NMFS Northeast Fisheries Science Center
Steve Cadrin (left) tagging yellowtail. Photo by NOAA/NMFS/NEFSC
"The CMER program at SMAST is a huge step forward, cementing our already excellent relation with NOAA," said Dr. Brian Rothschild, Dean of SMAST. "Dr. Cadrin, the CMER Director, will make a significant contribution to our program and will serve to link SMAST with opportunities at the Northeast Fisheries Science Center and other science centers throughout NOAA."
NOAA CMER program directors simultaneously serve as adjunct professors at the institution that houses the program. In this capacity, Cadrin will teach graduate courses in quantitative fish stock assessment.
"The shared goals of NOAA and SMAST are important to me," said Cadrin, "conducting research that's relevant to sustaining marine ecosystems and fostering the next generation of fishery scientists. On a more personal note, this position also gives me the chance to continue some of the most rewarding aspects of my career so far, working on interdisciplinary studies, applying advanced technologies, and involvement with fishermen."
A fisheries biologist for 18 years, Cadrin completed his Ph.D. at the University of Rhode Island on the stock structure of yellowtail flounder in 2004. At the Northeast Fisheries Science Center he has most recently been responsible for stock assessments of this flounder and for managing the region's cooperative yellowtail flounder tagging program. Working with commercial fishing vessels and other partners, including SMAST reseachers, the program has tagged nearly 30,000 yellowtail throughout New England waters.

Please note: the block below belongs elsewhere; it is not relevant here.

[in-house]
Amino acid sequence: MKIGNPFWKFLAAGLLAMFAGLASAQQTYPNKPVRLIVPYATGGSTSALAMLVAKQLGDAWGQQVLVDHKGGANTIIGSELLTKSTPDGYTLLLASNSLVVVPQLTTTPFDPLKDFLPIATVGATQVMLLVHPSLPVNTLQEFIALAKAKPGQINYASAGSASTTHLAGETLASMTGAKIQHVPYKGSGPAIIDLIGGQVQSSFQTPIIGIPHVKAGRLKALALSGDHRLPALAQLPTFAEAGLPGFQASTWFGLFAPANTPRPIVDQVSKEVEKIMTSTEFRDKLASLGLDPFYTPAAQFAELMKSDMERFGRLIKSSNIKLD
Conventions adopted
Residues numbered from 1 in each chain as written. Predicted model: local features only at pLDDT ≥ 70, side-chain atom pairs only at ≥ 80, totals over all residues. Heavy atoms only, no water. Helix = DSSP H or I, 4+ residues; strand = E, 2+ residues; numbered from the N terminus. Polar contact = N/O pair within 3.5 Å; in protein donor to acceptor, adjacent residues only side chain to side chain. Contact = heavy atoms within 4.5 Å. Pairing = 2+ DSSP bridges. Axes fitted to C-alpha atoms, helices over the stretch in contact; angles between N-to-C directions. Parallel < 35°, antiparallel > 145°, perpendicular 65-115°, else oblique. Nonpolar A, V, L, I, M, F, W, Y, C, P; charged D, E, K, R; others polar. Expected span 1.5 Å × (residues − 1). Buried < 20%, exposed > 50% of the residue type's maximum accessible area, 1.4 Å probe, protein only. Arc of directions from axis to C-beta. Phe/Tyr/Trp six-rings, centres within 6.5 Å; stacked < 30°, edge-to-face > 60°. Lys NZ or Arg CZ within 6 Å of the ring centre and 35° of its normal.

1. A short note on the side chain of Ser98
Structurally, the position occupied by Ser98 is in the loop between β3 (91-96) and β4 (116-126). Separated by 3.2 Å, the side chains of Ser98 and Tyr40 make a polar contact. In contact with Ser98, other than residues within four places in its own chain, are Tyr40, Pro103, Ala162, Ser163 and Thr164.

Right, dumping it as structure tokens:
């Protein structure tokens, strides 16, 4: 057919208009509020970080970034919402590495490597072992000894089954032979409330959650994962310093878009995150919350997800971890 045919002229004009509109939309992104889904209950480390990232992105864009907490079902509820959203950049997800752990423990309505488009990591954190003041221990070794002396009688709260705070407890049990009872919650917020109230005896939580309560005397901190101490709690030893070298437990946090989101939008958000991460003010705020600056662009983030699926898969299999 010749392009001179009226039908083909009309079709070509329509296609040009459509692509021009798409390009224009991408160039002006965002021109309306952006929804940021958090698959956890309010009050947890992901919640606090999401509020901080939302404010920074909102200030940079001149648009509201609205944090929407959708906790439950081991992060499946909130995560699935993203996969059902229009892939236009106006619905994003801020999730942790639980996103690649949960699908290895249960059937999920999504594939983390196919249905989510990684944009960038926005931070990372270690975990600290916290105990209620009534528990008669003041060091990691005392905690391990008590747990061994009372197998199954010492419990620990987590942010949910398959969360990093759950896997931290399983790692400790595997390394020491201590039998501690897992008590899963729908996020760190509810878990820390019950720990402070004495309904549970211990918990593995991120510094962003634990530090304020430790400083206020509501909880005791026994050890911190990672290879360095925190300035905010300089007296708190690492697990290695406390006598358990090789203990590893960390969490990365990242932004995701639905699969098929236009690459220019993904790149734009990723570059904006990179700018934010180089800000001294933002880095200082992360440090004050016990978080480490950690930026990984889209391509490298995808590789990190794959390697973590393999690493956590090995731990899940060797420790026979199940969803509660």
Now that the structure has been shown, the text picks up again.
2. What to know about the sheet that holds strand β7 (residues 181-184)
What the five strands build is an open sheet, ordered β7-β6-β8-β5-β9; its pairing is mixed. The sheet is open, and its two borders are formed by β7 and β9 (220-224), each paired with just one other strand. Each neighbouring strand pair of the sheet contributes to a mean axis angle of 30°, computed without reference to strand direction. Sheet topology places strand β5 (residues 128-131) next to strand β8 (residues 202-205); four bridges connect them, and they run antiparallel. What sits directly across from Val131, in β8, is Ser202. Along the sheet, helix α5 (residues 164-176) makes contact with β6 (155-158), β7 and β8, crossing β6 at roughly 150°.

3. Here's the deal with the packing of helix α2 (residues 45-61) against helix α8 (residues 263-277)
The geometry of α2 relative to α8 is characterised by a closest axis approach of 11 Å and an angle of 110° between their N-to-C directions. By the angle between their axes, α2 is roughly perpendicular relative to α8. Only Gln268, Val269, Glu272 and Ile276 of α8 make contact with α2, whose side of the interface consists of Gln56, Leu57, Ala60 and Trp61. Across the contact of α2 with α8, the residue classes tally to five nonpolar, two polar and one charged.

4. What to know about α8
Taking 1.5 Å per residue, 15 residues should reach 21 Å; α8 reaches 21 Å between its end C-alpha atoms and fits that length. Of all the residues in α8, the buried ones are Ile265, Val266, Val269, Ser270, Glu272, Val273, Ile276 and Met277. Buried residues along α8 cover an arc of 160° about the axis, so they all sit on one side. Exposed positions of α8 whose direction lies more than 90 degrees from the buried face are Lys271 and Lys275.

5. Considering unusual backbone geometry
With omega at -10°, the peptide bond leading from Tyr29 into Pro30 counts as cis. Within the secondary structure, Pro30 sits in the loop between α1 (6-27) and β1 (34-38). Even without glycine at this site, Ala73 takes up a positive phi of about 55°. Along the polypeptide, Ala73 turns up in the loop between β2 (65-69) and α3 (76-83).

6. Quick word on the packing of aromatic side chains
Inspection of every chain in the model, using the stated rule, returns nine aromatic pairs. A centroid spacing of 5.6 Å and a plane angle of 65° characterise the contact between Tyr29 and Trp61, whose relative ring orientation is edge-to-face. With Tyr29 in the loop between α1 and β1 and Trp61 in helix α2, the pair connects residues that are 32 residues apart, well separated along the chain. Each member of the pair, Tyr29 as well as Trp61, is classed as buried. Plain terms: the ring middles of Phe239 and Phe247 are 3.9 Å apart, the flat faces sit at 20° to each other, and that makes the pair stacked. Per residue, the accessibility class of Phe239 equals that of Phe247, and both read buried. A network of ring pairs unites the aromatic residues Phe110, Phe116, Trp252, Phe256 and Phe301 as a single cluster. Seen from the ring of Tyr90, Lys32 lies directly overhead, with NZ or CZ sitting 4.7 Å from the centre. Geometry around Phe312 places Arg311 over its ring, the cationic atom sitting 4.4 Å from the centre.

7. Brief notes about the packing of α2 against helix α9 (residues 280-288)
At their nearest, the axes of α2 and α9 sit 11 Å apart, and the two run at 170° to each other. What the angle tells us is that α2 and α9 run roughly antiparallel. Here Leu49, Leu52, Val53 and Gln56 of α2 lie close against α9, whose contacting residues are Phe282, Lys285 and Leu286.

The UMass/NOAA Cooperative Marine Education and Research Program was originally established in 1989 at UMass Amherst, where it remained for fifteen years, involving all the UMass campuses in marine issues affecting the Commonwealth, region and nation. Over those years, the program generated nearly $2.9 million in research, involving 40 UMass faculty and supporting 110 undergraduate and graduate students. NOAA CMER programs are now active at Rutgers University, the University of Rhode Island, and the Virginia Institute of Marine Science.
NOAA Fisheries Service is dedicated to protecting and preserving our nation’s living marine resources and their habitats through scientific research, management and enforcement. NOAA Fisheries Service provides effective stewardship of these resources for the benefit of the nation, supporting coastal communities that depend upon them, and helping to provide safe and healthy seafood to consumers and recreational opportunities for the American public.
The National Oceanic and Atmospheric Administration, an agency of the U.S. Commerce Department, is dedicated to enhancing economic security and national safety through the prediction and research of weather and climate-related events and providing environmental stewardship of our nation’s coastal and marine resources. Through the emerging Global Earth Observation System of Systems (GEOSS), NOAA is working with our federal partners and nearly 60 countries to develop a global monitoring network that is as integrated as the planet it observes.